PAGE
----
LGM 2012 Impressions

The Technikum Wien provided a nice place and great support for the LibreGraphicsMeeting. Many thanks to them. LGM happened together with the Linuxwochen Wien and developers and users could talk about graphics and arts themes. Additionally to the one presentation track over all days, we had BoF’s and workshops. Some of us took the chance to present to a non LGM audience and meet people there too.

The LGM talks covered lots of OpenCL projects. That means modern GPU computing power is available to open source graphics components in a much broader way. As the use of OpenCL is supported by the Mesa software implementation, there is some kind of guarantee, that OpenCL programs will run on elder hardware. That means OpenCL can be used without the need for developers to provide a fallback mechanism, which simplifies adoption.

The colour management talks provided lively discussions around many topics like printing, displaying and open hardware. We discussed as well the impact of introducing colour management in frameworks like GEGL. As mizmo showed interest, I explained the most basic terms of ICC rendering intents in a small BoF using ICC Examin. Animtim compiled and installed Oyranos from sources and wrote already a small tutorial on how to build Oyranos on kubuntu-12.04.

Markus Raab with Elektra on LGM 2012 Vienna

Markus Raab presenting Elektra on LGM 2012 Vienna

The presentation of Markus Raab about the Elektra configuration gave to me some impressive insights into the concepts and flexibility of that small framework. The really cool thing about this library is it can abstract a lot of details and provide additional features, which can be added on run time like DBus support. He announced a new release of Elektra as version 0.8.0 during the event.

The metalab was for most people from countries without a similar open hardware/open source collaboration zone a impressive visit. We all enjoyed to could stay there for some hours and felt, this place is much in the spirit of most LGM contributors.

Nathan Willis @ LGM 2012 Vienna

During Nathan Willis workshop about the Create wiki, we discussed to start a email list for create users. That list is supposed to provide help and talk about experiences with graphics applications and help from users for users.

Sirko (alias gnokii) and Tobias (alias houz) played diplomat and managed to channel information in a way that Richard Hughes and I could finally meet in a productive atmosphere and continued talking about technical issues. At the end we found a mod to work again together on standards inside the OpenICC collaboration project. I am pretty happy with that change. So, thanks to all parties who helped with that.

Café Hawelka Vienna

Tatica, Pete, Sirko and I walked around on the last day in Vienna and relaxed in the café above.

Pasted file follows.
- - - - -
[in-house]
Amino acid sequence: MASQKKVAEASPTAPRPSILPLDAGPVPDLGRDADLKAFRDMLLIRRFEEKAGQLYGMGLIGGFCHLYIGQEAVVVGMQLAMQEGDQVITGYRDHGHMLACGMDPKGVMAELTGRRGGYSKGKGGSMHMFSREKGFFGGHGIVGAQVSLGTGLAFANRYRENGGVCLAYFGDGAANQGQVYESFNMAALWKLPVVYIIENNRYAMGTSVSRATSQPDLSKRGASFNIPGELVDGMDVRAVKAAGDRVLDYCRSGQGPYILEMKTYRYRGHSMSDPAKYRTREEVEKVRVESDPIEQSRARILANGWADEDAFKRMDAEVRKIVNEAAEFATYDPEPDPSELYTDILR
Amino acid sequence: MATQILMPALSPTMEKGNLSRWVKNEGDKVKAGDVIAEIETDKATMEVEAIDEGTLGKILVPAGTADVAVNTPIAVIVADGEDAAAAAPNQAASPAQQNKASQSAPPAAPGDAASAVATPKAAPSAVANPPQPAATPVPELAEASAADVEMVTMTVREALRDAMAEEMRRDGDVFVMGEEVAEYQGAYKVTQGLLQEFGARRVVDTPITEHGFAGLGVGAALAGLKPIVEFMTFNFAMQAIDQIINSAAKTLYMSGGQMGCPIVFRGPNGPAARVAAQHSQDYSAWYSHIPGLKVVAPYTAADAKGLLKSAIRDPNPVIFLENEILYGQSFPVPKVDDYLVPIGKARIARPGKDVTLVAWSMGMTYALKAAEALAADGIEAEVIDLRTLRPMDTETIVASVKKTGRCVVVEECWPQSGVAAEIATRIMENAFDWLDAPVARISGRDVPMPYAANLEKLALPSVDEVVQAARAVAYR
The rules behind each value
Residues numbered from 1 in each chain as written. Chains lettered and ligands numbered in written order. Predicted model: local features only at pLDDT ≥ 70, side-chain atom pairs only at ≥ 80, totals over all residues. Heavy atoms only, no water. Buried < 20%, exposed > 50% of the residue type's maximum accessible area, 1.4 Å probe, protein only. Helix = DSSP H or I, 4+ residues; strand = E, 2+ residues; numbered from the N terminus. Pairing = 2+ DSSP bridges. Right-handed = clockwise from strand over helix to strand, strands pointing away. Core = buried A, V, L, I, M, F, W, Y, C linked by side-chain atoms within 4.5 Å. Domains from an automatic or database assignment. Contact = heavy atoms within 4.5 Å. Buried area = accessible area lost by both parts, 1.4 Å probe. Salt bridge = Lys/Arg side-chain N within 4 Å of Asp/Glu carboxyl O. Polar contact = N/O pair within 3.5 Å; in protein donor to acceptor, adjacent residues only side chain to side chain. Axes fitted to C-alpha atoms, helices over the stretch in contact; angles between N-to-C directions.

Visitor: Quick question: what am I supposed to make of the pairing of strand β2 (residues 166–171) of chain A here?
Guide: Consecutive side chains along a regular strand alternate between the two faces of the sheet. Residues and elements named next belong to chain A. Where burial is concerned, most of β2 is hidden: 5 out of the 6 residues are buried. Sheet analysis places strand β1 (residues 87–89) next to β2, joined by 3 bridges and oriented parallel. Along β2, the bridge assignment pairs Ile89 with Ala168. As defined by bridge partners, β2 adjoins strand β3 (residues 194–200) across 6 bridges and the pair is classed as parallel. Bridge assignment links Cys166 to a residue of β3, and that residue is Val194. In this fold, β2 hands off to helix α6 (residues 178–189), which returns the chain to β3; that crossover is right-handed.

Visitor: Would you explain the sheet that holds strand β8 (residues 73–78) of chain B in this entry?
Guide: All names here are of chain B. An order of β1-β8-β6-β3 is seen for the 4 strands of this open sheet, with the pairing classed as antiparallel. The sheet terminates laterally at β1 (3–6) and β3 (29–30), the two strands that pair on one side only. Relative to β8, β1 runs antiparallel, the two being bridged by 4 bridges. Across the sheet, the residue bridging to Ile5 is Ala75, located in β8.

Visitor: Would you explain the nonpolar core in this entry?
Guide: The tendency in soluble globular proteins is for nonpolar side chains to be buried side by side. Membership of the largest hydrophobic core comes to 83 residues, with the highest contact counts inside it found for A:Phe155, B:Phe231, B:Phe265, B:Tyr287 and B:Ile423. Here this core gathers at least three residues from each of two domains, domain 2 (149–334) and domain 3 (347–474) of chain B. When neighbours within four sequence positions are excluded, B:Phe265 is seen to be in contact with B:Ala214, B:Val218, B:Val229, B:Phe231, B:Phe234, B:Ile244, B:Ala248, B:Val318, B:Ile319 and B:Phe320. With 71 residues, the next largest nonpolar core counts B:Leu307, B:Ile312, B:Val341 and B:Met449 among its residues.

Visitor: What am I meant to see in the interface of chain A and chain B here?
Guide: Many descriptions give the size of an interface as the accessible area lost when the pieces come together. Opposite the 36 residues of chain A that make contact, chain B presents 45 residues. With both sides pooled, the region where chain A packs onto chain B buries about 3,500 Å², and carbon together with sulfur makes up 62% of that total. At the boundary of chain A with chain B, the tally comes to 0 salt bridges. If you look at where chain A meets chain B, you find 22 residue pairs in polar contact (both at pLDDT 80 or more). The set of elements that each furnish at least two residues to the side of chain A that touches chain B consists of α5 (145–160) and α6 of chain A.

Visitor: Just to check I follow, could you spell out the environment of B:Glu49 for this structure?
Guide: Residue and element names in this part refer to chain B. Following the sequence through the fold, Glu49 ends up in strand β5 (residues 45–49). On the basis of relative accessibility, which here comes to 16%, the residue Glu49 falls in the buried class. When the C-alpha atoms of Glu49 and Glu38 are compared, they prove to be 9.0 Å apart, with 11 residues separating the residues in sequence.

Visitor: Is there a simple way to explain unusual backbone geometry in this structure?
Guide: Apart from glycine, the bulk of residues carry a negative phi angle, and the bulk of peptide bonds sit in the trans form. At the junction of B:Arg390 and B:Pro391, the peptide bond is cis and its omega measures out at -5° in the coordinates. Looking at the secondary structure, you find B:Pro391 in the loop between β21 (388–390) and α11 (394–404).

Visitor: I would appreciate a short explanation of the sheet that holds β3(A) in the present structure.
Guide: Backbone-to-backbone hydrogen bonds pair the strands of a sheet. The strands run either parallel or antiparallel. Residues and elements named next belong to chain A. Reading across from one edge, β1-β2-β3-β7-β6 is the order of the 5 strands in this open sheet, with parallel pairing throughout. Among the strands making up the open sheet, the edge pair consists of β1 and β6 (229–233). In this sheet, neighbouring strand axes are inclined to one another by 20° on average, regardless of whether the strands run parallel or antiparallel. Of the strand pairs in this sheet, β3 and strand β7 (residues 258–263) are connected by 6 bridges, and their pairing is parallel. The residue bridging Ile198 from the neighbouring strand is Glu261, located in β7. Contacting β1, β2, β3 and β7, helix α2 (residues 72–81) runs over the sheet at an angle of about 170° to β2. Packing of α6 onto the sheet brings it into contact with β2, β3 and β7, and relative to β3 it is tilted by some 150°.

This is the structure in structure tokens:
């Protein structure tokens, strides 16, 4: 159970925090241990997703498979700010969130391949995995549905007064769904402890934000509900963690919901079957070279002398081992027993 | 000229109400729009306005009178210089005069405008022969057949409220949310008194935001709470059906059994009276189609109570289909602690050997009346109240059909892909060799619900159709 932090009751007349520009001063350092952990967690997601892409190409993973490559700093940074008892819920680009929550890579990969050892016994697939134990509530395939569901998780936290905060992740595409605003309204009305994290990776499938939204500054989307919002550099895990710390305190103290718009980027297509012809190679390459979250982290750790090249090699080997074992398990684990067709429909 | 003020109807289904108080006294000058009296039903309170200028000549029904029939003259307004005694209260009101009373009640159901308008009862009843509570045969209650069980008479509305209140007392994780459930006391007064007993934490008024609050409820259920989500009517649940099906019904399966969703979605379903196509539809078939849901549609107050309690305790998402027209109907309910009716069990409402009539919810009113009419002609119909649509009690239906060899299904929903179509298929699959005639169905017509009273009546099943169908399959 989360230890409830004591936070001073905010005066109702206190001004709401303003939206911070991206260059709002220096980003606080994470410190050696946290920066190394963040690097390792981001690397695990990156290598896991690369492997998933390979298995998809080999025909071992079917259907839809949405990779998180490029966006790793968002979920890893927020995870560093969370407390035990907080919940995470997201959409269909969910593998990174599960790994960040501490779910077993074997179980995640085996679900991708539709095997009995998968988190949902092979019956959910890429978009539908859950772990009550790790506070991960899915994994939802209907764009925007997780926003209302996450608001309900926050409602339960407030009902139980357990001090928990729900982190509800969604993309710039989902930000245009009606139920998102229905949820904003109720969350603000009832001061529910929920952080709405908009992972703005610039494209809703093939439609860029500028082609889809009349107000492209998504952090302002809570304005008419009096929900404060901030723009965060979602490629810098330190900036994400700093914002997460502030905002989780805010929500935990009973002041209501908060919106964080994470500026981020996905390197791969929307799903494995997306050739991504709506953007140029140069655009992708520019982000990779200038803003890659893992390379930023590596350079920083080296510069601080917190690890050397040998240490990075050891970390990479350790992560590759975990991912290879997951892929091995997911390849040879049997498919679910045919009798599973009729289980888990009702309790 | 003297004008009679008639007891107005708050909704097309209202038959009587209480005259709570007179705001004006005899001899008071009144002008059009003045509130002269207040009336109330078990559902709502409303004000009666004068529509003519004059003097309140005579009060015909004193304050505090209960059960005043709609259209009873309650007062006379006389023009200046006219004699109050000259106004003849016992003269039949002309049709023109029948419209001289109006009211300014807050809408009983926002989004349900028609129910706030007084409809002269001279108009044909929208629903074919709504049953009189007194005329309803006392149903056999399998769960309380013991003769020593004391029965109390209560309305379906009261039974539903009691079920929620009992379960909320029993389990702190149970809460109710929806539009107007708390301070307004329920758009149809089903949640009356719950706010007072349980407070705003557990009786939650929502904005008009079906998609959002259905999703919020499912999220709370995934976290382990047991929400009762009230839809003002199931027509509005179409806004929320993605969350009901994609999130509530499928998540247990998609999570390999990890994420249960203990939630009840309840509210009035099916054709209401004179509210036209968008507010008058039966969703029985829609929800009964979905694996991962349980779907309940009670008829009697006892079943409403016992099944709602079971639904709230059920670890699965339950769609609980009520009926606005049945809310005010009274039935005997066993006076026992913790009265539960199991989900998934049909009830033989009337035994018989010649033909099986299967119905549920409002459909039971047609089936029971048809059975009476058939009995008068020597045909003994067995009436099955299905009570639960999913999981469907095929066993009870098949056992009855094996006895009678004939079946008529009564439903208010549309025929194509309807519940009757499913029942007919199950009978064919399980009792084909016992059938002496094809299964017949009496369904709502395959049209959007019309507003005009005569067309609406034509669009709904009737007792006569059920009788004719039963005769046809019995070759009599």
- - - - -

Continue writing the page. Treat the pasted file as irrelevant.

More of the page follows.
GPU Graphics Processing

It is pretty normal that graphics applications use GPU power for their image processing needs. The graphics cards where primarily designed to better support that kind of processing and offload computational power requirements from the main processor the CPU.

GPU computing came not over night. It was first introduced for boosting 2D applications. Simple desktop operations like moving a regions like a window or scaling and help in fast video decoding where first targets. Somewhat later came support for 3D operations. The later is now widely used through OpenGL APIs. The capabilities of the graphic cards increased and OpenGL was extended to support specialised programming on the GPU. The fragment and vertex shaders appeared. Programming of them is in a assembler language. So do not expect much convenience reading, while looking at the assembler code. However, for hard coded graphic operations it plays quite nicely. Compiz, for instance, uses this language for its desktop effects. Long times the assembler code was only available through the proprietary OpenGL drivers from ATI, Nvidia or Intel. Now the open source drivers begin to mature in supporting GPU programming. So it is possible to run Compiz with newer versions of the Nouveau or Radeon drivers. These two types of shaders, vertex and fragment, where joined and later a more convenient expression form for shaders was specified through GLSL. GLSL is OpenGL Shader Language. Newer OpenGL API’s support programming of them in a more straight forward manner. GLSL is officially part of OpenGL since version 2.0.

The C-like GLSL language is much more pleasing at least to most developers eyes. So it is possible to use this language by non specialised programmers to do fast computing on the GPU. If you understand and can write C, imagine you create a graphics filter of your own and process your graphics data through OpenGL directly on the GPU. Its fast and slick and you do not have to wait for a programming hero to convert your favorite algorithm for the GPU to run reasonably fast. But its works only on GPU’s. So either there is a software fallback in case your driver does not support GLSL or you are limited to a subset of hardware and drivers. Thats not so good for sharing and wide spreading your nice ideas.

The Kronos Group, which is the formal body behind OpenGL, specified the new OpenCL standard to improve portability and allow for much more flexible programming. OpenCL has, like GLSL, a C-alike syntax. It is a subset of C with some extensions. OpenCL is now adopted by osX SL and available as vendor driver from Nvidia. If you read adopted by Apple’s osX, you guess right, it is as well available for phones and tablet computers. The AMD Stream SDK contains a OpenCL implementation for CPUs. OpenCL makes the GPU now scriptable with a easy fallback to CPU. Of course thats all very young and up to date exist no open source implementation.